November 12, 2012
“Rodin was solitary before he became famous. And Fame, when it came, made him if anything still more solitary. For Fame, after all, is but the sum of all the misunderstandings which gather about a new name.” Rainier Maria Rilke, “Auguste Rodin.” 1919.
On Nov. 12, 1840, François-Auguste-René Rodin was born in Paris to working class parents. His father was a clerk in the police department. But Rodin showed early interest and aptitude for art, and he was enrolled at the Petit Ecole, a school that focused on art and mathematics, and was taught by Lecoq de Boisbaudran. In 1857, he applied to the Ecole des Beaux-Arts, but the quality of his portfolio was insufficient. Rodin found work at a commercial studio making ornaments, where he also had time to develop his early sculpting style in clay.
In 1863, he exhibited his first piece at the Paris Salon, “Man with the Broken Nose,” which reflected Rodin’s unique style, and lack of formal art training. Rodin began working in the objet d’art studio of Albert-Ernest Carrier-Belleuse as the artist’s chief assistant designing ornamental embellishments for roofs, staircases and other household uses.
Carrier-Belleuse moved the studio to Brussels, and Rodin saved enough money to afford a several month trip to Italy in 1875. There he saw the sculptures of Donatello and Michelangelo and his artistic ambitions were awakened. When he returned he finished his first full-scale work, “The Vanquished,” a male nude inspired by Michelangelo’s “Dying Slave.” His model was a 22-year-old Belgian soldier. Critics panned the sculpture’s naturalistic style, and accused Rodin of using plaster molds taken from the model. “The work of M. Rodin is a study, rather than a statue …” wrote one critic.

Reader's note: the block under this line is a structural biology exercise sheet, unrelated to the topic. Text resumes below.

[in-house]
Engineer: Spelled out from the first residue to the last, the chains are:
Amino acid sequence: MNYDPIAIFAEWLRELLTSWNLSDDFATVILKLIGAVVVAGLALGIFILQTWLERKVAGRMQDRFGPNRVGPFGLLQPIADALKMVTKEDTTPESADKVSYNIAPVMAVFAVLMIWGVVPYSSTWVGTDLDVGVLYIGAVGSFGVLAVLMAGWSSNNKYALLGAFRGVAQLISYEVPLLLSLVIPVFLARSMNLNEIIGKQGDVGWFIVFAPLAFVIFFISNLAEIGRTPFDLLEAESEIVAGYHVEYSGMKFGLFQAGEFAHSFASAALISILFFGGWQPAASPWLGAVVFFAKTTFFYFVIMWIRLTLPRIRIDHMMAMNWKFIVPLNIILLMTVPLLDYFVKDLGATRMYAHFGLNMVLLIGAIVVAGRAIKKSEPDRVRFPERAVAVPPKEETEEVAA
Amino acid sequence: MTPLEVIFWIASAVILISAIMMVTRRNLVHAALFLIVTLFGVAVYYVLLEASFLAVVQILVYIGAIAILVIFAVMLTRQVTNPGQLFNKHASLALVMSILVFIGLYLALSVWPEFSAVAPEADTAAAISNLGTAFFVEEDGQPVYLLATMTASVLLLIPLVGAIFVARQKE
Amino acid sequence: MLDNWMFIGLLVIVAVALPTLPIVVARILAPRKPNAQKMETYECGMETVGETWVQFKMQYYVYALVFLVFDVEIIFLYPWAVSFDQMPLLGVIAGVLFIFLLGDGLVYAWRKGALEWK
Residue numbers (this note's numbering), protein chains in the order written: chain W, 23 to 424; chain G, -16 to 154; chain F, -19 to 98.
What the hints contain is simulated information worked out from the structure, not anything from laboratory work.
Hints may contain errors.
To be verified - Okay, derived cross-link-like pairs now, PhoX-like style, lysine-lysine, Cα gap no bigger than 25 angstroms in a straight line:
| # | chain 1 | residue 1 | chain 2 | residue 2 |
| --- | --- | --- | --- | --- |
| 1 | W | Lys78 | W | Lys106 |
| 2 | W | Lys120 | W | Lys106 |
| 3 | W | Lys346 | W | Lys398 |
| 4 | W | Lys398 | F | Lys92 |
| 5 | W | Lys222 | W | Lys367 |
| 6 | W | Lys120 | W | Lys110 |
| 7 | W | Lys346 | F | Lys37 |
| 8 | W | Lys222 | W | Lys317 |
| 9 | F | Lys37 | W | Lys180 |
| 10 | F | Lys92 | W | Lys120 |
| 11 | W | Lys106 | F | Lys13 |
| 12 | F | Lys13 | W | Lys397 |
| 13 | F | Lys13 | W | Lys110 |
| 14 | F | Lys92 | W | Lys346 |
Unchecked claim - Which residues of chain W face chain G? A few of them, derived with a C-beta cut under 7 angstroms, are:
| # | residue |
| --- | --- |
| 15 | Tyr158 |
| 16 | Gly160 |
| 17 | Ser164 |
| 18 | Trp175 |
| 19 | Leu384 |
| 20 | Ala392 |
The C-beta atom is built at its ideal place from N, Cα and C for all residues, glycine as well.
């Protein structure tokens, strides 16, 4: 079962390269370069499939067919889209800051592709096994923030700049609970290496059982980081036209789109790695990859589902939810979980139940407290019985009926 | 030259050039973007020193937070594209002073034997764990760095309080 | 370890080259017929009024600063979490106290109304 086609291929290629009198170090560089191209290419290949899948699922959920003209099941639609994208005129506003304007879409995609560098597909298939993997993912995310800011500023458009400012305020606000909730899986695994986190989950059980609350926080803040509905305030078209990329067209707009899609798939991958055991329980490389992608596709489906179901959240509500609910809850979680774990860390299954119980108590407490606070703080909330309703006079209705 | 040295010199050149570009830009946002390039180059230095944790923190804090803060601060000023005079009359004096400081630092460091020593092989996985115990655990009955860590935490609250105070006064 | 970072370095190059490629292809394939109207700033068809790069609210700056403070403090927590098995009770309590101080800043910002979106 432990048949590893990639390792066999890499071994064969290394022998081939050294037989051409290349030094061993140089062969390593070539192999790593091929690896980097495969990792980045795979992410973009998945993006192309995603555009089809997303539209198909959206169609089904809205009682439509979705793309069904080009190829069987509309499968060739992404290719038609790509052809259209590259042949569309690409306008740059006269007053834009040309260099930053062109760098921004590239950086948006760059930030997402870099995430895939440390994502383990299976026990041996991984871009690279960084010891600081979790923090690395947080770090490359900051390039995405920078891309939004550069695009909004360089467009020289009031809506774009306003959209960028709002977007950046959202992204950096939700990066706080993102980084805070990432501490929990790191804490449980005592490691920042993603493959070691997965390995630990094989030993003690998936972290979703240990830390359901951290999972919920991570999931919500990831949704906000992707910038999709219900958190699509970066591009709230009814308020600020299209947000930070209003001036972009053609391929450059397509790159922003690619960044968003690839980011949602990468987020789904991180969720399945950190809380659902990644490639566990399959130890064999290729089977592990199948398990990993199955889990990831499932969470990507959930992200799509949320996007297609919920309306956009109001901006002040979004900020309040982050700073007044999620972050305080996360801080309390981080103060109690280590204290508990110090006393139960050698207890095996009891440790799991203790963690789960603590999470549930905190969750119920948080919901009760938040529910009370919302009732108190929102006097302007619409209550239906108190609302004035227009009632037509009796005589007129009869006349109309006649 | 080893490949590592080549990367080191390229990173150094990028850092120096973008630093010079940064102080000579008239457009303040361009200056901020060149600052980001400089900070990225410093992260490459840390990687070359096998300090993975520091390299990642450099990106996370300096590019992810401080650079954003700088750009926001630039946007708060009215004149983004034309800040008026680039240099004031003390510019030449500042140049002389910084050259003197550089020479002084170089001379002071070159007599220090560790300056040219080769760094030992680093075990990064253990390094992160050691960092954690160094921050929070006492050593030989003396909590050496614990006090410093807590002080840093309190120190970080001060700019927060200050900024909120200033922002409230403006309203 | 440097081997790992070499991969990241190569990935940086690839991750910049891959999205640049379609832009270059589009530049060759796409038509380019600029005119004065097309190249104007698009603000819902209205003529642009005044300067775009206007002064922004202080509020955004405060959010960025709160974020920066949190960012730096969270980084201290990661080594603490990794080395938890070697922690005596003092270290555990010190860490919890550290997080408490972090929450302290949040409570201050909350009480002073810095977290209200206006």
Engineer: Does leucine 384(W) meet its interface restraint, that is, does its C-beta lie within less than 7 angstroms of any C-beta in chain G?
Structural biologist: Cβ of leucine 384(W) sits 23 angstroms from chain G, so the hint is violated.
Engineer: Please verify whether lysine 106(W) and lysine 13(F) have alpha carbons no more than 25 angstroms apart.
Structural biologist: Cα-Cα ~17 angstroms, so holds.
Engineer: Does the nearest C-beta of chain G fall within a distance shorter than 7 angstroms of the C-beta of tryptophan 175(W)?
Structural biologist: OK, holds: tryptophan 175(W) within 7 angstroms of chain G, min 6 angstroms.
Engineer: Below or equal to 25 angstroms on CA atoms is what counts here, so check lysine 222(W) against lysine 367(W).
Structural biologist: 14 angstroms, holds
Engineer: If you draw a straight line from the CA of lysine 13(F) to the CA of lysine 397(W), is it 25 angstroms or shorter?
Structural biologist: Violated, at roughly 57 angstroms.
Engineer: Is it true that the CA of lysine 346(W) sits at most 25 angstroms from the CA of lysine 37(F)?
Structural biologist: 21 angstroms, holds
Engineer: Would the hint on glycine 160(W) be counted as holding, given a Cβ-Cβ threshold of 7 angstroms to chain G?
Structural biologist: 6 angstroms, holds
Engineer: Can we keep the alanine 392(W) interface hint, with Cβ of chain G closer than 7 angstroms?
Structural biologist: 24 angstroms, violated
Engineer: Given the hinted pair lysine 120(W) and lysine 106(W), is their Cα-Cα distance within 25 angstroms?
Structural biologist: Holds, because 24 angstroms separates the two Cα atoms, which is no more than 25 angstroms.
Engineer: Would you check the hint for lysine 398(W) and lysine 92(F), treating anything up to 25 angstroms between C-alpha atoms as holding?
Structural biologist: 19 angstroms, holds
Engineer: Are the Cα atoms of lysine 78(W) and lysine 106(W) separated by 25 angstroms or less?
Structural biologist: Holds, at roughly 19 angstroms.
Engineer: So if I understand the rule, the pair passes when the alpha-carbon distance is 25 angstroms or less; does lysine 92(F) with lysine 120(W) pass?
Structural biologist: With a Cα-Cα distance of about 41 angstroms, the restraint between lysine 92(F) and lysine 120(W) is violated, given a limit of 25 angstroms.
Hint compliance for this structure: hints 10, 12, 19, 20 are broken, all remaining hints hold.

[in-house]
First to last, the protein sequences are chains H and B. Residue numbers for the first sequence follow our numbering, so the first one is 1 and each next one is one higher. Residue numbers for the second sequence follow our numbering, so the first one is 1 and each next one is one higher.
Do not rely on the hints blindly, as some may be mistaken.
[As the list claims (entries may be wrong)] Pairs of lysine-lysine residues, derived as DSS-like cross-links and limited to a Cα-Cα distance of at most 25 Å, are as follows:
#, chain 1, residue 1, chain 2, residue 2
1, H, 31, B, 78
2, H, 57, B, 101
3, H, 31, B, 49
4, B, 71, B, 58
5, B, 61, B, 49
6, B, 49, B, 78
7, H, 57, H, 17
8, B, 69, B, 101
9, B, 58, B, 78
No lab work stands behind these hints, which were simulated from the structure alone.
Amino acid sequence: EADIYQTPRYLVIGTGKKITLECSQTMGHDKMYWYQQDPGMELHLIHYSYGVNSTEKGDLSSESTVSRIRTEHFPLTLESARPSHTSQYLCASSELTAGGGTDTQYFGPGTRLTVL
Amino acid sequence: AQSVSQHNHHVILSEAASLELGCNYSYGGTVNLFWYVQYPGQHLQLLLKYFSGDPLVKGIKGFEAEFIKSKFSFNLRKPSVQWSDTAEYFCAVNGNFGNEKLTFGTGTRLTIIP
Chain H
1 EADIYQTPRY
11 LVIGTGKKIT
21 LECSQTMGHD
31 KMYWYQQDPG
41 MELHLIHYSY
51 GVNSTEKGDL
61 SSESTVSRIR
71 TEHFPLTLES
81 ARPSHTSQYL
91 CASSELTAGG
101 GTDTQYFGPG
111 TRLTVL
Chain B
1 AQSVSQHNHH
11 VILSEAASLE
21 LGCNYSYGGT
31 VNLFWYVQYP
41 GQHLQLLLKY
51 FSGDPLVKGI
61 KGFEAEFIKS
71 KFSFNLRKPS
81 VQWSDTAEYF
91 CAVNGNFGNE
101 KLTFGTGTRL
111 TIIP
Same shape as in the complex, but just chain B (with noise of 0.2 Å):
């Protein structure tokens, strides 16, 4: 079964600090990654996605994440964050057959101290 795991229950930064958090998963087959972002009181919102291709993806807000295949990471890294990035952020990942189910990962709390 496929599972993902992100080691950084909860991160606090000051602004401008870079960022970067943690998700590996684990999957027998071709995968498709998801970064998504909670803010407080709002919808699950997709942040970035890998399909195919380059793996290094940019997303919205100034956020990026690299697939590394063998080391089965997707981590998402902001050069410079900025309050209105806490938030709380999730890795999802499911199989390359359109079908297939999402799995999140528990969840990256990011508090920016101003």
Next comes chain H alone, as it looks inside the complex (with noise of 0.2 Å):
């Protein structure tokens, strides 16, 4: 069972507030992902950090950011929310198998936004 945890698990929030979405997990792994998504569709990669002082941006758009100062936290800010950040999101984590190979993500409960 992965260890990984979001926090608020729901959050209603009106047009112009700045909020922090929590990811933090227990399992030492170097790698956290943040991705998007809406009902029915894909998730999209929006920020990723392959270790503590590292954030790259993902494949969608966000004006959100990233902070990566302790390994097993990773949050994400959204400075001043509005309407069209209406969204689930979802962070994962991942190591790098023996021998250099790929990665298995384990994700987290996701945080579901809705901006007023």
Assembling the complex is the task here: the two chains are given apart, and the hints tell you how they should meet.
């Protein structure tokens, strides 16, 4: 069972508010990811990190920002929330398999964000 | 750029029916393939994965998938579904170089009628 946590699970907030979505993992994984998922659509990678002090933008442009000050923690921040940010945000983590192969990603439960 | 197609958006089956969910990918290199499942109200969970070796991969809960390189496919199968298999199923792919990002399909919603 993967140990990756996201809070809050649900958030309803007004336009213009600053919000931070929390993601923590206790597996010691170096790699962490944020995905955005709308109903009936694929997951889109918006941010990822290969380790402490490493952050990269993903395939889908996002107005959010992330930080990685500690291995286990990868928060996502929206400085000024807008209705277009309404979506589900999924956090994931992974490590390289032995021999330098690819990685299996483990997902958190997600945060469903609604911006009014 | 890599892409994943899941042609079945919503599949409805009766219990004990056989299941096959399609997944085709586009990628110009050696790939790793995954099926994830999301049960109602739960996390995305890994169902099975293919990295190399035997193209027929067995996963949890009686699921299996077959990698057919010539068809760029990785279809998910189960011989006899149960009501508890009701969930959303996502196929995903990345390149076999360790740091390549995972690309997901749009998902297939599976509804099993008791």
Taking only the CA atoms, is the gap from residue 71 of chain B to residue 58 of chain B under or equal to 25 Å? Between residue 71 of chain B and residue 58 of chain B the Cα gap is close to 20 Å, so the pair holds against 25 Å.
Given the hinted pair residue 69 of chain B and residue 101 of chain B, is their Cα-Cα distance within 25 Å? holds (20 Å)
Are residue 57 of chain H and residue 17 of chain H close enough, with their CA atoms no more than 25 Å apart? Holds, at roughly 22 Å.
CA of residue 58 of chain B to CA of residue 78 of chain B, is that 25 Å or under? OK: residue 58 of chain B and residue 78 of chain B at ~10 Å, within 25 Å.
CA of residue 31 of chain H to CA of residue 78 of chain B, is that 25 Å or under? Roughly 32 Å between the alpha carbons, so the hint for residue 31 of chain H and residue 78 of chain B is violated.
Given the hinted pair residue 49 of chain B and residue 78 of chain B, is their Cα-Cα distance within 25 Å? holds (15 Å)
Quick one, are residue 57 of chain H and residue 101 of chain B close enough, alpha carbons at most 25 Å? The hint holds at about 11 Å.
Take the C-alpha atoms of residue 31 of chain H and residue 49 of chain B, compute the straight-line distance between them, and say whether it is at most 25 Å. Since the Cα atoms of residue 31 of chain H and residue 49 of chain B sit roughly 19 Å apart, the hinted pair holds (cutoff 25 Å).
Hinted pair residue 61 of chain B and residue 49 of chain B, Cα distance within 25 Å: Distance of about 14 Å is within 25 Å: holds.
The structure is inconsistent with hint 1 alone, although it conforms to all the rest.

In 1877, left Belgium for Paris, and submitted his piece, retitled “The Age of Bronze,” to the Salon. He received a similar welcome.
"As you can imagine, I am extremely upset being so near to my goal! My figure was considered to be so fine by everyone, and now they insist on saying it was modeled from life... I am demoralized, I am exhausted, I am short of money, I must look for a studio ..." Rodin wrote to his lifelong companion, Rose Beuret.
Carrier-Belleuse returned to Paris in 1880 and Rodin, needing income, returned to his studio as a designer of vases and table ornaments.
In 1880, Rodin received a commission to design a door for the planned Museum of Decorative Arts in Paris. The museum was never built, but Rodin worked on “The Gates of Hell,” which rendered scenes from Dante’s “Inferno,” for the rest of his life. When finished, the Gates had 186 figures many of which became his most famous stand-alone pieces: “The Thinker,” “The Kiss,” and “The Three Shades” among those.
His first commission to receive acclaim was “The Burghers of Calais,” celebrating the six men who submitted their lives to King Edward III in 1347 to save the city from mass execution. Edward’s Queen, inspired by their courage, begged their pardon. Rodin’s sculpture depicts the six as they were leaving for their sentence, lonely, haunted, but courageously moving forward. He began the sculpture in 1884, and, in 1889, unveiled it. He proposed that the monument not be exhibited on a high pedestal, but on ground level, where citizens could see into the hearts of the condemned. The proposal angered the commissioning committee, and it was not until after Rodin’s death that the piece was exhibited as he envisioned.
Rodin was an extremely prolific artist, and, after his initial challenges, became the most famous sculptor in the world. He willed his studio and the rights to make casts from his plasters to the state of France when he died on Nov. 17, 1917. The Musee de Rodin opened in 1919 at the Hotel Biron; it has more than 6,000 sculptures.